July 4, 2013 Comments Off on Declaring our in(ter)dependence
Still no new baby, but we didn’t want to take any chances of being stranded on Fire Island if I went into labor– if I went more into labor than I already am. Joe and I kicked off our holiday weekend yesterday with a trip to the movies to see the excellent Israeli film, Fill the Void.
Today our family celebrated the Fourth in our neighborhood.
June 9, 2013 Comments Off on Nourishment, Mobility, and the Great Gravity Race
My weekend was full of treats.
On Saturday, Zevi had best friend quality time while Joe and I went into Manhattan to see the excellent film, Stories We Tell. This was only the second time we have been to the movies in the theater since Zevi’s birth, and we’re going to try to get in a few more dates before the new baby’s arrival.
Today we went to SoHo to spend time with Veronica. Zevi found her new favorite playground with just the right amount of water pressure. I enjoyed a prenatal massage, a gift from Joseph for my birthday.
Such a nourishing weekend as we begin the countdown to our little baby boy. We’ve zipped into the homestretch.
November 24, 2012 Comments Off on Opening of the movie floodgates
Once upon a time, before there was a baby, Joseph and I were regulars at the movie theater. I read reviews not just because I enjoyed well-written critiques, but because we followed through on the critics’ recommendations. A.O. Scott and I got to be best buddies; same can be said for Anthony Lane and Josh Rothkopf. Now I read movie reviews for the vicarious living- ah, to be young and to go out, how quaint. But today, ten months and one day after Zevi was born, we finally stepped back into a movie theater to see The Master, which I’ve wanted to see since it opened at least two months ago. It was well worth the wait. The last movie we saw in the theater was We Need To Talk About Kevin, a deeply disturbing film to watch as a very pregnant person. I’m very happy to be back in the movie-watching game. For the record, even though I trust and love Tony Kushner, I have absolutely no desire to see Lincoln. Sadly, I will be forgoing my movie marathon this Christmas for the first time in many years. We’ll have to plan for a January 2013 marathon when more good movies come out.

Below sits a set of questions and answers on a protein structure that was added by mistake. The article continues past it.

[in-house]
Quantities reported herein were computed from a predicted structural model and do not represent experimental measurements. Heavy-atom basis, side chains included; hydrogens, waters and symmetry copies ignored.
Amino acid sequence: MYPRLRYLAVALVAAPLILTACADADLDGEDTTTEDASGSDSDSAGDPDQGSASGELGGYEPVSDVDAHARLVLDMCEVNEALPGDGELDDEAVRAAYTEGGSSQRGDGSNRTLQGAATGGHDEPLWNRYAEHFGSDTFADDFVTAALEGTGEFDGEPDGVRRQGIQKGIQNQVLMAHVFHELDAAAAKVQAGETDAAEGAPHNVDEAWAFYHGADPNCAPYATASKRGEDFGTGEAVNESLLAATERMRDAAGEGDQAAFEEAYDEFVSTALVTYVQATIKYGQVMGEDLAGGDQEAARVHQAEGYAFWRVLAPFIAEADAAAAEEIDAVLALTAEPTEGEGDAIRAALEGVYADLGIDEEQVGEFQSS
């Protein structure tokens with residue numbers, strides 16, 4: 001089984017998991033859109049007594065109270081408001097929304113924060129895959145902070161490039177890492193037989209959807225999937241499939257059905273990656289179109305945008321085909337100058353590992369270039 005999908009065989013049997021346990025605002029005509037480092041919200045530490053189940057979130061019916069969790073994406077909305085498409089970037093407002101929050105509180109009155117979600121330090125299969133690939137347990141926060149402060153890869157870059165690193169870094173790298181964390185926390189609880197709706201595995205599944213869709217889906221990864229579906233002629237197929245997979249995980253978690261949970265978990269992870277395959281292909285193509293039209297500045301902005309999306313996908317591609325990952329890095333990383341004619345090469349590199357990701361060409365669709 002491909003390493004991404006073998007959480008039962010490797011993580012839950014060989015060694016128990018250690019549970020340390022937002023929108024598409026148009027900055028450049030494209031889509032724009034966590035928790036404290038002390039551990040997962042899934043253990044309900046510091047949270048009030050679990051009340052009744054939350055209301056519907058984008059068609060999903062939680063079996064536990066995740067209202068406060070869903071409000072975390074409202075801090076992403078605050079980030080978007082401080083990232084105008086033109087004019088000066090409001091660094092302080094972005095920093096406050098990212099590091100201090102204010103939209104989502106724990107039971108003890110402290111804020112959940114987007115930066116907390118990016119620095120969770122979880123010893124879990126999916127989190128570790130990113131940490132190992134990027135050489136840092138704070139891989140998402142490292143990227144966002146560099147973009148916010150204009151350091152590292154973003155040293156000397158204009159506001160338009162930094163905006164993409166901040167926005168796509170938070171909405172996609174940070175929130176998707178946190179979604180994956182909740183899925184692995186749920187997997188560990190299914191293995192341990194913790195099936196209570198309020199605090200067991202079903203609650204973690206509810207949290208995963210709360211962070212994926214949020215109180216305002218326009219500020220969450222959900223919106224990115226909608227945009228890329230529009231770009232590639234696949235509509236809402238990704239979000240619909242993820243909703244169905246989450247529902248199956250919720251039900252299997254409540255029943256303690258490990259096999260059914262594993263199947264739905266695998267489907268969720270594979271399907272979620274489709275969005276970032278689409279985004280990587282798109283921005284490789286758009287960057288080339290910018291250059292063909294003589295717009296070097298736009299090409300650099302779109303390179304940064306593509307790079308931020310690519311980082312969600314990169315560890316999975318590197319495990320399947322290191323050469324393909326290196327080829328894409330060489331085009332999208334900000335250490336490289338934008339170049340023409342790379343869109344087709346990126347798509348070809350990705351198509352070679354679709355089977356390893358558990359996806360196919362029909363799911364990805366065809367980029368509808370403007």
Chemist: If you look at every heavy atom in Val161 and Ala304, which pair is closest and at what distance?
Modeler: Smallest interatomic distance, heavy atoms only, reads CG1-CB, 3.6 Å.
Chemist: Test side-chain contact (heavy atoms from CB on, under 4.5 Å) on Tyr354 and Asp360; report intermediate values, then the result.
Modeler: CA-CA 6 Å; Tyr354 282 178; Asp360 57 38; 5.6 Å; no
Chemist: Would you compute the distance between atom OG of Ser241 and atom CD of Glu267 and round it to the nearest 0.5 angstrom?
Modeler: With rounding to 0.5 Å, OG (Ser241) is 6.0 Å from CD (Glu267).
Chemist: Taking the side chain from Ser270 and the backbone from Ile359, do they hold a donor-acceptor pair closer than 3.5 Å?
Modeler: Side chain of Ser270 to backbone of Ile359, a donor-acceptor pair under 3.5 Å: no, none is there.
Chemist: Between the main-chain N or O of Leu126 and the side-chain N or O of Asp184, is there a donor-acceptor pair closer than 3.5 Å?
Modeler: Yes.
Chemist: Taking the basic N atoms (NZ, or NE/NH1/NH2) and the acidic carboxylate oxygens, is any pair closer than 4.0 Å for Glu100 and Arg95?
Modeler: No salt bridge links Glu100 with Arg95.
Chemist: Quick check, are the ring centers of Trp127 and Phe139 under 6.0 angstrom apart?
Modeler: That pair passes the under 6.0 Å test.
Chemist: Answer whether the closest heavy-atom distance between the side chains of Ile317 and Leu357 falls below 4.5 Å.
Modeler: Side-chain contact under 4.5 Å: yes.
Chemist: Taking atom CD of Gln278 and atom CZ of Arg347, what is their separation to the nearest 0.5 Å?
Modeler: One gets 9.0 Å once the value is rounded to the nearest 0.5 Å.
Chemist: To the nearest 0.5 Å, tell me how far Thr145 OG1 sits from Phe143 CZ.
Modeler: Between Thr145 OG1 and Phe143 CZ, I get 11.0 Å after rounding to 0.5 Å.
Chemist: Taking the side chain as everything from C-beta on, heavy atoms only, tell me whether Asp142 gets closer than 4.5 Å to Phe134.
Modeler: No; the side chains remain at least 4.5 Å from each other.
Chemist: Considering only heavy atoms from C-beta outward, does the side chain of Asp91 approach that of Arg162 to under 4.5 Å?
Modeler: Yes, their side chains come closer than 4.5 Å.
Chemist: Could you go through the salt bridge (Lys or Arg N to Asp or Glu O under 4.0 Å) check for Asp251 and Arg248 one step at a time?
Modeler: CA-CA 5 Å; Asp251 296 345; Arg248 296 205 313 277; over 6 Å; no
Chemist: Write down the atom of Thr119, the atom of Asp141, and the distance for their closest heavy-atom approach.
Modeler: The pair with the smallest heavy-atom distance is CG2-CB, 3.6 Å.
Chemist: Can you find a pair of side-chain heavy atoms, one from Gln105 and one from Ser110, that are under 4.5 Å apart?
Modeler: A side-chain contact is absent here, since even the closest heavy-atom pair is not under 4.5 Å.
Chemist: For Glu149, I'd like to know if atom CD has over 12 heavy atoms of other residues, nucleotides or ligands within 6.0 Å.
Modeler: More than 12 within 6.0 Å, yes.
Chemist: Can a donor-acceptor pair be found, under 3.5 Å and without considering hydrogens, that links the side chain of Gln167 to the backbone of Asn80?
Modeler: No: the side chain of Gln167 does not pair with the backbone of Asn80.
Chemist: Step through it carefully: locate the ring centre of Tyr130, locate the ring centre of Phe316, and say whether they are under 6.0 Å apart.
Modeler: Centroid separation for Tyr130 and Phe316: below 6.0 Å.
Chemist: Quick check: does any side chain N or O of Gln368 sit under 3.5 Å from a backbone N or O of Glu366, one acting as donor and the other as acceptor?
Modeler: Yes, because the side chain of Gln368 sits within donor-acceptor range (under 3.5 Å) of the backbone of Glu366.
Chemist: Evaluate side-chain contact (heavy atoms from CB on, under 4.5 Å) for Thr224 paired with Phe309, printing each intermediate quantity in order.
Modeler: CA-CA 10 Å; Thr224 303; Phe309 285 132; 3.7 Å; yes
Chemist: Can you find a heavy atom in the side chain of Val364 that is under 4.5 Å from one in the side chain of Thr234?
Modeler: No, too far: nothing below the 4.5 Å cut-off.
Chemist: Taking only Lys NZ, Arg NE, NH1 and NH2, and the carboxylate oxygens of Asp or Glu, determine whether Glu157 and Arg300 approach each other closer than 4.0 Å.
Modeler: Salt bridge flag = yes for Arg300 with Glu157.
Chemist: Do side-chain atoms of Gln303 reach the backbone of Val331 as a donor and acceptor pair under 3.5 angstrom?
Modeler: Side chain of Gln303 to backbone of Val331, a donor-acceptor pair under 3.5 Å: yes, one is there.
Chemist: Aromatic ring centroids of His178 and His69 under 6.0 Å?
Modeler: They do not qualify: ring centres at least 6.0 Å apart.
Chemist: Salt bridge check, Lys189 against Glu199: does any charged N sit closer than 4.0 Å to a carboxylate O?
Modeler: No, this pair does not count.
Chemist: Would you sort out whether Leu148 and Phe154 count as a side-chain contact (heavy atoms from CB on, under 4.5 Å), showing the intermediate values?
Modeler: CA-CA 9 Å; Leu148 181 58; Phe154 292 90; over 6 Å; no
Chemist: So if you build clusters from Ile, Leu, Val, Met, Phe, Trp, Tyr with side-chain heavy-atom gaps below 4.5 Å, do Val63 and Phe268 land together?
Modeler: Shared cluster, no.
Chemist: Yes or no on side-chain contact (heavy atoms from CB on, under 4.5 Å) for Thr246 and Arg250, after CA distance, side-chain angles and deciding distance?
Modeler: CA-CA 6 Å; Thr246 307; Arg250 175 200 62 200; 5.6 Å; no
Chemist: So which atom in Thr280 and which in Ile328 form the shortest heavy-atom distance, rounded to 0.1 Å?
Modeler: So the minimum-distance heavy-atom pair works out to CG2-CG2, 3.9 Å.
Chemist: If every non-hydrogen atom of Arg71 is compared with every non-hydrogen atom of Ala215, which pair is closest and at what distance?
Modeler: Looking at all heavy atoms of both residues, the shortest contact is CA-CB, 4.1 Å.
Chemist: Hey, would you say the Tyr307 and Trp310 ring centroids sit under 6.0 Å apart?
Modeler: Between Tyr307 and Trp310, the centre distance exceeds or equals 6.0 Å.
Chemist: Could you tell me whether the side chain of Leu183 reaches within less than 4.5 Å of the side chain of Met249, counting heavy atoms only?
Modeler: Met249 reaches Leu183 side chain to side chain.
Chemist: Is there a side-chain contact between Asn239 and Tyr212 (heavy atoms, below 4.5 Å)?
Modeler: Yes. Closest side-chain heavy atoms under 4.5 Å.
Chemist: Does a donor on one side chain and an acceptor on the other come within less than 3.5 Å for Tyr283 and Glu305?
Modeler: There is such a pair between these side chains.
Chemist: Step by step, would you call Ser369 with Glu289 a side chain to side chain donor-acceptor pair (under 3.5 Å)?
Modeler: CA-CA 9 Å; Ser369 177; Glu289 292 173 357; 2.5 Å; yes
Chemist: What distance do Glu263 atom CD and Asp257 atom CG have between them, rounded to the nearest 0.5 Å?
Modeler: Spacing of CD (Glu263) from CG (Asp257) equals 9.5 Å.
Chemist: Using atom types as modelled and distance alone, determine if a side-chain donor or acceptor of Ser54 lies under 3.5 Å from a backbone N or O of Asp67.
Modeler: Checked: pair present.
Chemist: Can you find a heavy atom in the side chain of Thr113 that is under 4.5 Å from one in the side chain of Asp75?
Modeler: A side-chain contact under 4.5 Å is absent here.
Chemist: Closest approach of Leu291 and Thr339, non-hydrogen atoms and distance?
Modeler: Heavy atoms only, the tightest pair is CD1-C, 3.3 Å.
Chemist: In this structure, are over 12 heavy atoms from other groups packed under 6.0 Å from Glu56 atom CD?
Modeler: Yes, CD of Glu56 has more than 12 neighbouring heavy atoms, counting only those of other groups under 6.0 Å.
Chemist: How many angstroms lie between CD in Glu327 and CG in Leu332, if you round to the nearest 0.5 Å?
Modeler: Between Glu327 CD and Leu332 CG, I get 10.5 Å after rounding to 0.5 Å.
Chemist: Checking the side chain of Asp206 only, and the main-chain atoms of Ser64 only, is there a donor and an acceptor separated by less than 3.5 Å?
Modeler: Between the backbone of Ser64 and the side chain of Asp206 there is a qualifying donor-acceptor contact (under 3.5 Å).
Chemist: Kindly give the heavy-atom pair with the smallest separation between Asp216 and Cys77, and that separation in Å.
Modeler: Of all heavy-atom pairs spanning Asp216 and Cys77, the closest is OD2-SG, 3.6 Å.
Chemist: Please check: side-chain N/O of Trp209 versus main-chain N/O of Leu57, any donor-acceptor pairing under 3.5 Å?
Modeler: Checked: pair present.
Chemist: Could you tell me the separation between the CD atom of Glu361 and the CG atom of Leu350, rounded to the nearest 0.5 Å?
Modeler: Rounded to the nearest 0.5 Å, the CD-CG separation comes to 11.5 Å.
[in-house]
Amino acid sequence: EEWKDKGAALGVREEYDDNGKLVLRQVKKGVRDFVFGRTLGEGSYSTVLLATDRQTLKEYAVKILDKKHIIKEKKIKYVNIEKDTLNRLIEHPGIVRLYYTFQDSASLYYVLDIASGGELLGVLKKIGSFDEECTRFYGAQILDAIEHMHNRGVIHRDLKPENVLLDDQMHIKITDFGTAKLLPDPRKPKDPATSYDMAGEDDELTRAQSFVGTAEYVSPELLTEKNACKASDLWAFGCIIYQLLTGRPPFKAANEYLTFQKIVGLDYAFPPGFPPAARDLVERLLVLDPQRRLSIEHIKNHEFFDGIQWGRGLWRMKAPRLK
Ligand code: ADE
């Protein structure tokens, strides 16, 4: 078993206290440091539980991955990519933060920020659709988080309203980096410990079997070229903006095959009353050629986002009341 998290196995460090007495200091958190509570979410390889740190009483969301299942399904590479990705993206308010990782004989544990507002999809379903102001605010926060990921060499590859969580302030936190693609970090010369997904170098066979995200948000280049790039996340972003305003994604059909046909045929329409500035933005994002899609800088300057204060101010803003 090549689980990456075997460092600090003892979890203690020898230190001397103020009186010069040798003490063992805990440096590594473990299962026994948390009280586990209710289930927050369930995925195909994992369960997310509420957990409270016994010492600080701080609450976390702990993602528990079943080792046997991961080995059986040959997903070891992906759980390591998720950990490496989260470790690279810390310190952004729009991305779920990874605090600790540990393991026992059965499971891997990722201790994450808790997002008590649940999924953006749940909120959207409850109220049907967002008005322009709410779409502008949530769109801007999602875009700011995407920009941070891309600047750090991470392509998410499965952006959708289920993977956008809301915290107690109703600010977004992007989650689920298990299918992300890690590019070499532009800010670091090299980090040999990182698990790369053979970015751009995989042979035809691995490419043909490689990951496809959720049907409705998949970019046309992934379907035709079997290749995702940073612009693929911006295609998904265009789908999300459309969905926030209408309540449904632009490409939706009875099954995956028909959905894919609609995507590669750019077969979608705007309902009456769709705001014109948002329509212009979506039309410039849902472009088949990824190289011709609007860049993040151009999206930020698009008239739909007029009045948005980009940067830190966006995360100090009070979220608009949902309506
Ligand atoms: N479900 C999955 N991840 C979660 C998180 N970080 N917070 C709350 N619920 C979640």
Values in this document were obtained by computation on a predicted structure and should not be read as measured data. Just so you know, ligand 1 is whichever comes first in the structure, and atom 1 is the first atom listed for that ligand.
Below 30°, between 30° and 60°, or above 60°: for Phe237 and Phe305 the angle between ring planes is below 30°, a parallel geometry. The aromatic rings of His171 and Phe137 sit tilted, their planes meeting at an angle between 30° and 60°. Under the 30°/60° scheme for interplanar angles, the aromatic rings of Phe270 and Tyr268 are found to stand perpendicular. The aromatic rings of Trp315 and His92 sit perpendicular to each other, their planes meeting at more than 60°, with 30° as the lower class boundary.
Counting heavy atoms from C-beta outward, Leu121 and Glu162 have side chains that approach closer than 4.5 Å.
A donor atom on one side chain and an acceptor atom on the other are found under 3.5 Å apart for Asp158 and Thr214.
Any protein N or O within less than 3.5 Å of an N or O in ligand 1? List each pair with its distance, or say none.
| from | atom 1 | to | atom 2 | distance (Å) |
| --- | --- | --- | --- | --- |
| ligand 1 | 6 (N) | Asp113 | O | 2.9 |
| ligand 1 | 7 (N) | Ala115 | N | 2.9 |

April 2, 2012 Comments Off on Not ready to call it a crisis
On Sunday, I learned that The Bagel Store is no longer planning to sell pumpernickel bagels. I’m not sure if they can really call themselves a bagel store without pumpernickel. This may require a petition, and I’ve been reassured that signatures won’t be difficult to come by. If pumpernickel does not return, this may mean my loyalty will switch from The Bagel Store to Bagelsmith, a few blocks farther from my home, and that’s bad news because even if they have pumpernickel bagels, I’m certain they won’t be as good. Should I need a bagel, it’s not realistic for me to get on the train and go across the river to the mecca, Ess-A-Bagel. I’d love to see some outrage. Stamping our frequent-bagel-eater card to compensate isn’t going to cut it, Bagel Store. Because what am I supposed to do when I earn a free bagel?
To add to my growing unease, on the same day I learned about the pumpernickel tragedy, someone on my block discarded a perfectly good copy of This is Spinal Tap at the base of a tree. Granted, it’s VHS and I’d like to think that this neighbor had simply upgraded to DVD format, but still. What am I supposed to make of this?